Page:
For building websites on behalf of clients, we often use WordPress together with page-builders, making it easy to prototype and develop modern, responsive websites. Within WordPress, managing content is made easy. However, with page-builders such as Divi and Elementor, you can easily and quickly design and build pages to match almost any design. And it’s also easy to make changes. You can read our experiences with these two page-builders in this blog.
Divi and Elementor page-builders
Divi and Elementor are both page-builders and share many similarities. However, they have different strengths and weaknesses. For instance, Divi offers many features that make it ideal for building websites in the back end. However, their front-end editing is less accomplished and relatively unstable compared to their back-end features. On the other hand, Elementor solely focuses on building sites in the front end – they offer no back-end tools. The following table provides several feature comparisons between Divi and Elementor:
|Unlimited websites $89/year
Unlimited websites $249/one-time fee
|1 website $49/year
25 websites $199/year
1000 websites $999/year
|Drag en drop builder
|Works with any theme. (Best with Hello starter theme)
|Has its own theme and also works with other themes
|300+ Website templates
90+ Pre-made templates
|100+ Website templates
800+ Pre-made templates
Looking at the prices, you’ll see that if you want to use a page-builder for a single site, Elementor is the cheapest option. For multiple websites, it would be cheaper to buy Divi, especially if you choose the lifetime licence. However, you may have to pay for some extra features with Divi. If you decide on Elementor, the price includes everything.
Our experience with Divi
We have been using Divi for several years and are very happy with the ease of building a website and the ability to implement customised codes and scripts. However, we prefer working with Divi in the back-end because the possibility of making wrong choices in the front-end is greater, and the interface is not as reliable.
Divi is a well-maintained theme, with regular updates adding new features and module options. Furthermore, you can easily add frequently used blocks (pages, sections, rows and modules) to the Divi Library. You can also use layout templates and assign them to pages based on page layout, name, categories and tags. While Divi is easy to use, there is much more to creating a website than just building a web page using the available modules as lego-blocks. For instance, you still need to prepare a consistent and user-friendly design (for desktop, tablet and mobile) and carefully consider the structure, navigation and content. And naturally, the website must also be built so that search engines can find the site easily. Moreover, you must ensure that the website delivers a good performance, as Google penalises slow sites. Divi generates a lot of code, so optimisation is nearly always necessary.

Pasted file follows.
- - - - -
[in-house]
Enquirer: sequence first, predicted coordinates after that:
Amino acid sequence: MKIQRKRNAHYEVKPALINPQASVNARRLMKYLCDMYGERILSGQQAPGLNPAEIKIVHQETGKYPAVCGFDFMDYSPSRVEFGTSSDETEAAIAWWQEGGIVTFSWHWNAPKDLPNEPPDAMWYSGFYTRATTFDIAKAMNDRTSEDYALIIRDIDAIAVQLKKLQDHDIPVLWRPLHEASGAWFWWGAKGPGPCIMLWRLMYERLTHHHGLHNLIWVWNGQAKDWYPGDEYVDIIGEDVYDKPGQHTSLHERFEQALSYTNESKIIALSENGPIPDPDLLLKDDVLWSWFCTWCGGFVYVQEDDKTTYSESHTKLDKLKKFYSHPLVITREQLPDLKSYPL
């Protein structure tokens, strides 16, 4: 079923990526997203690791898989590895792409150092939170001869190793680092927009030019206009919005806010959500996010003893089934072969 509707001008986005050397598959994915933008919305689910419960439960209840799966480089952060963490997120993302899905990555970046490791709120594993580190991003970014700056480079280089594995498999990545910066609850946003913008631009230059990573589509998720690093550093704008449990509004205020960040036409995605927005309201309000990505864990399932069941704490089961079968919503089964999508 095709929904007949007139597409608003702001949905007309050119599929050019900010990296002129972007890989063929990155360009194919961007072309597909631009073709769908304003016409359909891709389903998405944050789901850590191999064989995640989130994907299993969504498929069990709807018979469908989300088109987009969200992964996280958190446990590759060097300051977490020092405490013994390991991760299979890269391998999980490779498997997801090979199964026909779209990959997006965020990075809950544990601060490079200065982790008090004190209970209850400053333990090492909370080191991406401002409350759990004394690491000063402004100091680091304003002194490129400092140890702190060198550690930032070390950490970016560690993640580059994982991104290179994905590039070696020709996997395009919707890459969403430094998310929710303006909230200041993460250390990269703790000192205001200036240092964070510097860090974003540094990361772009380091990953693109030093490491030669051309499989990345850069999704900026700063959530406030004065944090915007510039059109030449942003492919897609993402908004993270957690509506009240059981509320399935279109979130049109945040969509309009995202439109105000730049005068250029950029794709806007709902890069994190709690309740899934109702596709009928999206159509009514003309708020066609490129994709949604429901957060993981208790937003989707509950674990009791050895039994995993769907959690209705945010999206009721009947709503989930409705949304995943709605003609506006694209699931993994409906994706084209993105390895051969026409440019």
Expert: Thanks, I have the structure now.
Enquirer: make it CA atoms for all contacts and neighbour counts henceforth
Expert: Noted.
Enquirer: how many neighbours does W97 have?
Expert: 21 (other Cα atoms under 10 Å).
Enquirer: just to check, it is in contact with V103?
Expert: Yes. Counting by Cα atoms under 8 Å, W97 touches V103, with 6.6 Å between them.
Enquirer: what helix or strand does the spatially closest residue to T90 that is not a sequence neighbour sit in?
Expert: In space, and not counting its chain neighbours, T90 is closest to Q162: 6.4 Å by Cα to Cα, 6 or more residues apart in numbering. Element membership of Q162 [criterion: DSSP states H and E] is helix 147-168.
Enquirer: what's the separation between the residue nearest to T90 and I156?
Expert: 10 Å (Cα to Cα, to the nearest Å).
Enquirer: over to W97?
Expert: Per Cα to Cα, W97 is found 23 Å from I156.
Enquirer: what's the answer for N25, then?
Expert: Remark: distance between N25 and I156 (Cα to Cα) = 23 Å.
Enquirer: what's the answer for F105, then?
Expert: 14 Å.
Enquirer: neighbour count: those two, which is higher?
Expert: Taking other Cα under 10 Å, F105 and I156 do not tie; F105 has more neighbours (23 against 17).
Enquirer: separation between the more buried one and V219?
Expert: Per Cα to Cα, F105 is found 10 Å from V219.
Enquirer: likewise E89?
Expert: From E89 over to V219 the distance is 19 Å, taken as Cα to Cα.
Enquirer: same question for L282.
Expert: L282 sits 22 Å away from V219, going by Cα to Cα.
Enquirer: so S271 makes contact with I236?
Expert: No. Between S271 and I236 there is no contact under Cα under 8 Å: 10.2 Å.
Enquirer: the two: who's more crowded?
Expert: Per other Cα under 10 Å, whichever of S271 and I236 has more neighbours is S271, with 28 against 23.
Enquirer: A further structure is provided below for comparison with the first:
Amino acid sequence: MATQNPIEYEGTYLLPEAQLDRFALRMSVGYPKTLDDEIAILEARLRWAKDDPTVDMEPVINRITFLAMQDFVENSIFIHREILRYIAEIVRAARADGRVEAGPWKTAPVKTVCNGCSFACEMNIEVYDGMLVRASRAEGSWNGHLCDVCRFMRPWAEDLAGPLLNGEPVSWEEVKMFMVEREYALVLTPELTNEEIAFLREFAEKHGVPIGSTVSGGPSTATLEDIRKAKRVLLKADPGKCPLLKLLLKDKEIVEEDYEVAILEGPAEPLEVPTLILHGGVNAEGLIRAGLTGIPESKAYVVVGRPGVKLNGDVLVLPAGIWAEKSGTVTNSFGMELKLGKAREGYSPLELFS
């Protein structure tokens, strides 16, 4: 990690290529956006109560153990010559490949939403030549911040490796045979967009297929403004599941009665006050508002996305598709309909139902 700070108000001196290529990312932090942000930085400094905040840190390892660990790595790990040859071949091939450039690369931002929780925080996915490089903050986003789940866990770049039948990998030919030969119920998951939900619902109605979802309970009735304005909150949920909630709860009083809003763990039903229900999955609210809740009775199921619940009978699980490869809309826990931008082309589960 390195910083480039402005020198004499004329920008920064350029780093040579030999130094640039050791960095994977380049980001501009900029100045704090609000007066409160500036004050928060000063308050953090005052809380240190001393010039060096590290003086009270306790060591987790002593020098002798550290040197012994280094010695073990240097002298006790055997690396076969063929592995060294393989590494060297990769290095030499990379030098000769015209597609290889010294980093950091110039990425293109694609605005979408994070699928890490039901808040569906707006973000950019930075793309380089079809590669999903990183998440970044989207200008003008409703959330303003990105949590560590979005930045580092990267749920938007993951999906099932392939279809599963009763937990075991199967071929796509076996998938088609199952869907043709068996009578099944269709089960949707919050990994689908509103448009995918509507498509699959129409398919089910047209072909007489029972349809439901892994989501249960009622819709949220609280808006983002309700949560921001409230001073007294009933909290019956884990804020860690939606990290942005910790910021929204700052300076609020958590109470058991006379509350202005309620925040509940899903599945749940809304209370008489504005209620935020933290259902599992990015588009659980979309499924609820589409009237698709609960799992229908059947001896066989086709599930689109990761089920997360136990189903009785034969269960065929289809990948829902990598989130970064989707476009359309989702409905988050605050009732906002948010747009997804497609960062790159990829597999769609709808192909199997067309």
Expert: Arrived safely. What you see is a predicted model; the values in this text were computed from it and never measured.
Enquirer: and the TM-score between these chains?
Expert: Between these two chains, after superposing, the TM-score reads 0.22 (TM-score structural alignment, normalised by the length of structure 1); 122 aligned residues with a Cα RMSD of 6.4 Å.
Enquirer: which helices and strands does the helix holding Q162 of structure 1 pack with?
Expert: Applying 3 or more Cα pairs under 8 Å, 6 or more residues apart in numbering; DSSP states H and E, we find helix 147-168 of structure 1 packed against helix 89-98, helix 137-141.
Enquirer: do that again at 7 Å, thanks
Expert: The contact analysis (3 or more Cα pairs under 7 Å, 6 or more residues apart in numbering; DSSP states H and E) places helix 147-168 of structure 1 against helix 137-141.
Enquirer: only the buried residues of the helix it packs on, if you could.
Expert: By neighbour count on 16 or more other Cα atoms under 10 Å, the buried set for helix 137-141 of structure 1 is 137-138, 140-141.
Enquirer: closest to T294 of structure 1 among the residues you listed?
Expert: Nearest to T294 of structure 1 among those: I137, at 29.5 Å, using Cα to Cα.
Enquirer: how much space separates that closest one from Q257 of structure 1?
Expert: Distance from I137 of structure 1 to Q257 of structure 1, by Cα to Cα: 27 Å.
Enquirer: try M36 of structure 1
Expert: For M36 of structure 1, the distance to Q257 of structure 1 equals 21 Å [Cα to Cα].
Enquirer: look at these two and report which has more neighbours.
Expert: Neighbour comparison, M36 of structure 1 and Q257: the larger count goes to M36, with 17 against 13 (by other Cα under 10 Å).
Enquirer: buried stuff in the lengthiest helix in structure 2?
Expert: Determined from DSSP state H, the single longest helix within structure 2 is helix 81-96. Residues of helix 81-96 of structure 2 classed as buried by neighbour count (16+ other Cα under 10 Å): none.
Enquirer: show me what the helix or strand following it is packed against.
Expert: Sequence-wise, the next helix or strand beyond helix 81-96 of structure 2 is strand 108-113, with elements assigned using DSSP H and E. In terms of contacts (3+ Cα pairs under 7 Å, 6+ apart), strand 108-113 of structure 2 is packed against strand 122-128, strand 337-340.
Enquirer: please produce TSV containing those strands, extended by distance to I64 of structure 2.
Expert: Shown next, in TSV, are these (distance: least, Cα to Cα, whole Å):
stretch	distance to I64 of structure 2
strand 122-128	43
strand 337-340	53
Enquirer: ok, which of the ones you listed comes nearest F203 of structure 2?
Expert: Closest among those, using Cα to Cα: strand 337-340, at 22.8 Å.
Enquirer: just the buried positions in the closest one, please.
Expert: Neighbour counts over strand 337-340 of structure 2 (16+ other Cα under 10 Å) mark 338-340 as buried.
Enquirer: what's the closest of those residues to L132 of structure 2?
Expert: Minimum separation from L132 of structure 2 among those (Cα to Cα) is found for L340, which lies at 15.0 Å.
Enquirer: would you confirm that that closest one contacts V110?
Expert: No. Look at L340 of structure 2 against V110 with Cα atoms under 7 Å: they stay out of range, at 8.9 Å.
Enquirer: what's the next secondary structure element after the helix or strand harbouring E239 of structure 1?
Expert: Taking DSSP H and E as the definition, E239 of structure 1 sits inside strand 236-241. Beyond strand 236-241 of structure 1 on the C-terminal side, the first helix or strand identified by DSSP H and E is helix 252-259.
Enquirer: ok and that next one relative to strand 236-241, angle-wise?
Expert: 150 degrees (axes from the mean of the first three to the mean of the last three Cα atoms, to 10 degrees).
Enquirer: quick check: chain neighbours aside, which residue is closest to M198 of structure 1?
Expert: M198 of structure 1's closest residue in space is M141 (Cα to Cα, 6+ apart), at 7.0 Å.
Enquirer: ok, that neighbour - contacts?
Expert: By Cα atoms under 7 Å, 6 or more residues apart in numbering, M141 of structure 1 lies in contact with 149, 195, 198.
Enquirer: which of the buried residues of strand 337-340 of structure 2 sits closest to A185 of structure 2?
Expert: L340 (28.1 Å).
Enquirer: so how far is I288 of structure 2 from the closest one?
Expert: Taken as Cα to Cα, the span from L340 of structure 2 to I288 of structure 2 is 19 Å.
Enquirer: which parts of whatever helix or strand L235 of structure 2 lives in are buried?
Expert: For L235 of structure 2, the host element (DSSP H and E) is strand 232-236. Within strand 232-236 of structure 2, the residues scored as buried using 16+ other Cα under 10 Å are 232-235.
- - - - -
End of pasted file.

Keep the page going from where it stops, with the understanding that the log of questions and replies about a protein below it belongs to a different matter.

Divi offers so many options for styling modules, columns, rows and sections that a house-style rulebook is needed within the company so that every colleague knows where and what to adjust in the back-end.
Our experience with Elementor
Patrick van Bennekom recently introduced Elementor within our company and has used it for several websites, including DilemmaMatch. So far, we have not experienced any problems. When using Elementor, you create websites using a so-called front-end visual editor. With their “drag and drop” page-builder, you drag design elements such as text blocks, images, and contact forms onto the current page and style them. You use the same interface to add more advanced components, such as sliders, tabs, Google Maps and a testimonial carousel. Once again, it is essential to have a good design in place before you start building the website pages. There are many options available for customising these elements to suit the design. Elementor has provided all the tools you need to make the websites responsive. Once you have built a web page for desktop with Elementor, you can switch to tablet or mobile at the touch of a button to make further adjustments to the page in the new layout so that it also looks good on all platforms. From our tests, Elementor creates smaller pages than Divi (i.e.: less code), giving it a slight advantage over Divi.
Every designer will have their own preferences. Some enjoy building pages in the back-end because they feel they have more control over their code. Other colleagues prefer to work in the front-end because it allows them more control over the design, and any changes are immediately visible. Our designers can get on well with both page-builders, so they can choose on a project-per-project basis.
So if you are looking for a new website, contact us. We can help you choose the page-builder that is best for you.